Tips for migrating from MySQL to Cloud SpannerTips for migrating from MySQL to Cloud SpannerSoftware Engineering Manager, Cloud Spanner

Since its initial release in 1995, MySQL has not only been the de-facto database for many data storage needs, but has gathered much attention over the years as one of the most well-recognized databases around when it comes to Relational Database Management Systems and transactional data processing.

Any application in retail, e-commerce, or banking has likely had its fair share of business depending on a relational database for its transactional needs. Many of these applications are built on MySQL due to its flexibility, open source nature, and strong community support.

Whether in the context of a migration from a relational database (like MySQL or PostgreSQL) , migration from a NoSQL database (like Cassandra), or a green grass workload, many companies turn to Cloud Spanner seeking a high availability SLA (99.99% for regional instances and 99.999% for multi region instances),  unlimited scale,  and low operational overhead – no patching required, no maintenance or other planned downtimes, just to name a few benefits.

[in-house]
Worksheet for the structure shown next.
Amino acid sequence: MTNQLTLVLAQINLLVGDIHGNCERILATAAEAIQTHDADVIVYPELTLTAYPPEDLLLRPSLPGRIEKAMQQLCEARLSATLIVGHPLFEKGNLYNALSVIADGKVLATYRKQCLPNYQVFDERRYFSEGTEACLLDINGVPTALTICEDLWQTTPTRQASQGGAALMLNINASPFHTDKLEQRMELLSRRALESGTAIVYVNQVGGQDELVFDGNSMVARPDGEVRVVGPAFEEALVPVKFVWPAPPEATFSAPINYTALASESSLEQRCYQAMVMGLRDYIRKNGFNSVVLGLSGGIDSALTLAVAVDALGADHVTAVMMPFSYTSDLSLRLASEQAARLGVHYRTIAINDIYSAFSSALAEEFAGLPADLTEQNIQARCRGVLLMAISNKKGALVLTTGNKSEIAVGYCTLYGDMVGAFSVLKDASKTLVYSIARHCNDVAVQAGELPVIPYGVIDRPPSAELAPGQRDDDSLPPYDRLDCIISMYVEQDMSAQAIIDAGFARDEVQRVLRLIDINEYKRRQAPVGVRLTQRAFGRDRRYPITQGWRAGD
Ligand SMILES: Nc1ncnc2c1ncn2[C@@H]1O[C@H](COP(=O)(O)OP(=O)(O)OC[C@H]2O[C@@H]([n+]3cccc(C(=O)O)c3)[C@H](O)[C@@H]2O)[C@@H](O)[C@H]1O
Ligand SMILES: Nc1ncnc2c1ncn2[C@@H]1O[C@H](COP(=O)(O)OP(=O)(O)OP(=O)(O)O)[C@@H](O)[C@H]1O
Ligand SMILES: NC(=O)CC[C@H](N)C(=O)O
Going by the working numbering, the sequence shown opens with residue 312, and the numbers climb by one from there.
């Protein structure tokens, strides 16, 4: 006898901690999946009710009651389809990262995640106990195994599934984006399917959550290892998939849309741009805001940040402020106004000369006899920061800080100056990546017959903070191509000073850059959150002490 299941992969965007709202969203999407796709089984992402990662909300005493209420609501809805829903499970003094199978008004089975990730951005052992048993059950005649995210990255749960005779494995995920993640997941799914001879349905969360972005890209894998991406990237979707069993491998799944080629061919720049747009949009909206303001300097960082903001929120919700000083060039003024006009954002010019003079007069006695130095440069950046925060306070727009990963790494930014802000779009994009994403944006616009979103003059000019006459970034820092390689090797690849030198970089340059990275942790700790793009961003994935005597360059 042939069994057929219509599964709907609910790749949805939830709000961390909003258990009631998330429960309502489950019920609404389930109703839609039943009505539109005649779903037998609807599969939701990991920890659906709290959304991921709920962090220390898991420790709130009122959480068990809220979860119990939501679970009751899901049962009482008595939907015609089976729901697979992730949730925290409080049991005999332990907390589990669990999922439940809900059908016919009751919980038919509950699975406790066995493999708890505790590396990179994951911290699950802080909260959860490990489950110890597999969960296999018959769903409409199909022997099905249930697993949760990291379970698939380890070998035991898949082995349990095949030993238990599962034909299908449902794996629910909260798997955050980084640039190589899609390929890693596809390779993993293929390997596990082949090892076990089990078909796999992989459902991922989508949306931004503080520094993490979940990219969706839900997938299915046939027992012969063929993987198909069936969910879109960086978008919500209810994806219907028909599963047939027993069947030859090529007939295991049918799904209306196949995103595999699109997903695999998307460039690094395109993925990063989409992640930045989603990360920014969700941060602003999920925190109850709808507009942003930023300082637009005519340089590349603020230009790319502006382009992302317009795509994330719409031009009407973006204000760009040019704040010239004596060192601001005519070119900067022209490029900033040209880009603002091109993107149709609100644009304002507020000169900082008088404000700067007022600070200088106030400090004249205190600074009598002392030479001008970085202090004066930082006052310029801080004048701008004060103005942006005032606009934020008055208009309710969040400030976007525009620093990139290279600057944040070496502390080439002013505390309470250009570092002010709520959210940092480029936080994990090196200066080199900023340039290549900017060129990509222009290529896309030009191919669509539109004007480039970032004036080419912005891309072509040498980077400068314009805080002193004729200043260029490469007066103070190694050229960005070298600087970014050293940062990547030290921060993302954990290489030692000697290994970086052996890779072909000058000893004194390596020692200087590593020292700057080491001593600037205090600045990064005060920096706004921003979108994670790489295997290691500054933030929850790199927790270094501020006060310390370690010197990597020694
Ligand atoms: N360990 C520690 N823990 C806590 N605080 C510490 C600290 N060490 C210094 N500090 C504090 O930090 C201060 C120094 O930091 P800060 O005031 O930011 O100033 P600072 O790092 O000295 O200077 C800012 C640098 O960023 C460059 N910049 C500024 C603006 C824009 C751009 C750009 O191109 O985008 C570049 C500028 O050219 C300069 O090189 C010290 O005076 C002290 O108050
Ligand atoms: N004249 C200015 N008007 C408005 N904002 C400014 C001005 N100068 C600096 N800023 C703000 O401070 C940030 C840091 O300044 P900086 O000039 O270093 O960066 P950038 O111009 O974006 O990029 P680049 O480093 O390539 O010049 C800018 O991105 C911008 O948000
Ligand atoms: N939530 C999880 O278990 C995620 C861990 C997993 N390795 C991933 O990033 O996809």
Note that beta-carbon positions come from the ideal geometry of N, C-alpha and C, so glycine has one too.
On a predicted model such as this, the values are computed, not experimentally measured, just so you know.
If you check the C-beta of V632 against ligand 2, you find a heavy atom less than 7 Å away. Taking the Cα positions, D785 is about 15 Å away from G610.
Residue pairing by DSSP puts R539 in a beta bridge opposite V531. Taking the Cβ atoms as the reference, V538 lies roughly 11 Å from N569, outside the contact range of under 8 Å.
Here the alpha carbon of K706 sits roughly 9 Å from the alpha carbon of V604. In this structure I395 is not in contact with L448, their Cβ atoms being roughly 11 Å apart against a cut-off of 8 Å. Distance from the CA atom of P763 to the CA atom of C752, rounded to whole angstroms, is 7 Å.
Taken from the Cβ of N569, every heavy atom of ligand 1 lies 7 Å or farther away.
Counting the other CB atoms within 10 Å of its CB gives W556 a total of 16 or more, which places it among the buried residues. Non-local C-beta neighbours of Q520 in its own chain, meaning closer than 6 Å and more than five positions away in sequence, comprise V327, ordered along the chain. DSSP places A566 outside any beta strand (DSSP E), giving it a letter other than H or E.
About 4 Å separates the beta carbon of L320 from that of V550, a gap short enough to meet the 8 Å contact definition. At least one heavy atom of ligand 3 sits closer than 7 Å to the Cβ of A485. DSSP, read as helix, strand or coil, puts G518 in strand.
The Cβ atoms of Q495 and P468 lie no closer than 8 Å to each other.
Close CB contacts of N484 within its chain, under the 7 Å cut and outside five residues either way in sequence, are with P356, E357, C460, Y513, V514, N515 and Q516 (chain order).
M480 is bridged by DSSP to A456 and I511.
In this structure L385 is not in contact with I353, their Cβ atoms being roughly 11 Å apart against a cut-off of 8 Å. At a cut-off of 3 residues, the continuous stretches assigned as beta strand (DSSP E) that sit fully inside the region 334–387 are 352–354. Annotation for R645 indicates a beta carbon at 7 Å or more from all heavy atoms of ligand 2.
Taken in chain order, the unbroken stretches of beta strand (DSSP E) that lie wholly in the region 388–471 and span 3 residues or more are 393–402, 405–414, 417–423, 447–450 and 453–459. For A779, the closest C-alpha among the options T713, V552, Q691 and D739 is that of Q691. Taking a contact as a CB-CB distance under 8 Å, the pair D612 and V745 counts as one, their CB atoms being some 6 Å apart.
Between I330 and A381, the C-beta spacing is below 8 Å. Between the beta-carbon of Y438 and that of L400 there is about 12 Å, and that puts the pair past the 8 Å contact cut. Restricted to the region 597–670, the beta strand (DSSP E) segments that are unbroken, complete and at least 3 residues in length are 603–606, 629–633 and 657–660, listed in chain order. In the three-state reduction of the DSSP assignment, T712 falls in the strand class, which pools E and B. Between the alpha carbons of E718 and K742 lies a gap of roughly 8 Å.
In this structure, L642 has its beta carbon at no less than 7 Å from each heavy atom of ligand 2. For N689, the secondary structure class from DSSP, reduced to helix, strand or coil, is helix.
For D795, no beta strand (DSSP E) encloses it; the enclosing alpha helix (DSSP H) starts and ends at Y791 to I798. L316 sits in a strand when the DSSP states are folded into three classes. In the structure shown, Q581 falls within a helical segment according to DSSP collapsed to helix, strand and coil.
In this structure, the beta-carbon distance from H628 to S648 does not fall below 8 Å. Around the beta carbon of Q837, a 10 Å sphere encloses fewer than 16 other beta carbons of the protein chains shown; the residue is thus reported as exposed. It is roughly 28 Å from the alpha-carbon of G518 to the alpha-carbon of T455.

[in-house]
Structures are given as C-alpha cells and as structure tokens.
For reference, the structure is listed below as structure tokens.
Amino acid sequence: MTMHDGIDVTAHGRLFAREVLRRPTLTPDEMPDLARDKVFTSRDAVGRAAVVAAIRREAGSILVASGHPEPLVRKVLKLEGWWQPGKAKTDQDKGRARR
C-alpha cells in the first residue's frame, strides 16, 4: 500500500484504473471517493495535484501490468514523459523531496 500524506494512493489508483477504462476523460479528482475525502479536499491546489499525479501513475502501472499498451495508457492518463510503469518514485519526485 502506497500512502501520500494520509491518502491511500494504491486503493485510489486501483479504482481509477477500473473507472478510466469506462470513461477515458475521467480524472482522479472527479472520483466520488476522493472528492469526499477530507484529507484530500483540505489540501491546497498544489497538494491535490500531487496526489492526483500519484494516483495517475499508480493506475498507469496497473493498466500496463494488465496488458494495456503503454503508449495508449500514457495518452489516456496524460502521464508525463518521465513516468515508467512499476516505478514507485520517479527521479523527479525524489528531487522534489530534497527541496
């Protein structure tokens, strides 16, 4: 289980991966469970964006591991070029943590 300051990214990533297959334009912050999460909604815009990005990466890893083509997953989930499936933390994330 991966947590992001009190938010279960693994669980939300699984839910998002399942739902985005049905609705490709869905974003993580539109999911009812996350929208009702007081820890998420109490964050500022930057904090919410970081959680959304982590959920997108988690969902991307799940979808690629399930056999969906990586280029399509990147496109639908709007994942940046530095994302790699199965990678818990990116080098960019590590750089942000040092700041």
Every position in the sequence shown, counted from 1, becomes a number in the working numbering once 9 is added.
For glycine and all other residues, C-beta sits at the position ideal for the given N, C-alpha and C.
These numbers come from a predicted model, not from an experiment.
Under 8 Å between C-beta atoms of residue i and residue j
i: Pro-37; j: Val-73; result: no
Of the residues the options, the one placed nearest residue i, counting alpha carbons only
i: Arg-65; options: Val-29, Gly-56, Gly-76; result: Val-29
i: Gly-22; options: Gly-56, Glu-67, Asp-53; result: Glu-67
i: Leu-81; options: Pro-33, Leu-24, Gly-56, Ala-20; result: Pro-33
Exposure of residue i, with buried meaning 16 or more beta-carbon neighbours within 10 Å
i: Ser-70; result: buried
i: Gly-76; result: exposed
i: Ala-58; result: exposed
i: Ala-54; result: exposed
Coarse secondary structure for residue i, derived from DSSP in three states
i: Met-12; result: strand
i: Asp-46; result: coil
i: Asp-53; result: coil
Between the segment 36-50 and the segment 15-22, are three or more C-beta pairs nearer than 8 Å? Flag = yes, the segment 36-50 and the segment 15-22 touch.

The tooling and open source ecosystem around Spanner has evolved and grown ever since the service was introduced. HarbourBridge is a part of this ecosystem, and it’s meant to help customers port their existing MySQL or PostgreSQL schema to a Cloud Spanner schema. 

Application Migration Tips

Despite helpful tools like HarbourBridge, database migrations are never trivial. Here are a few things to pay attention to when migrating from MySQL to Spanner, and how to update your application logic to address them.

Note – The following snippets use the PHP client for Cloud Spanner. A couple of the snippets reference a partial Magento port that our friends over at Searce have been working on. Once you understand the operations, you should be able to implement the same in any of the other languages that Cloud Spanner supports.

Cloud spanner enforces strict data types  

In a MySQL query, the value of an attribute can be referenced as either a string or an integer. Example:

Both are valid and equivalent. 

In Cloud Spanner, the query will return an error if you try to reference an integer type by using a string representation.

Here is an example of a working query from Cloud Spanner:

  • select * from catalog_eav_attribute where attribute_id = 46; — this will work

  • Select * from catalog_eav_attribute where attribute_id = “46” — will fail, since we are supplying a string with “46” 

You may use a function like the following to assist you with such transformations.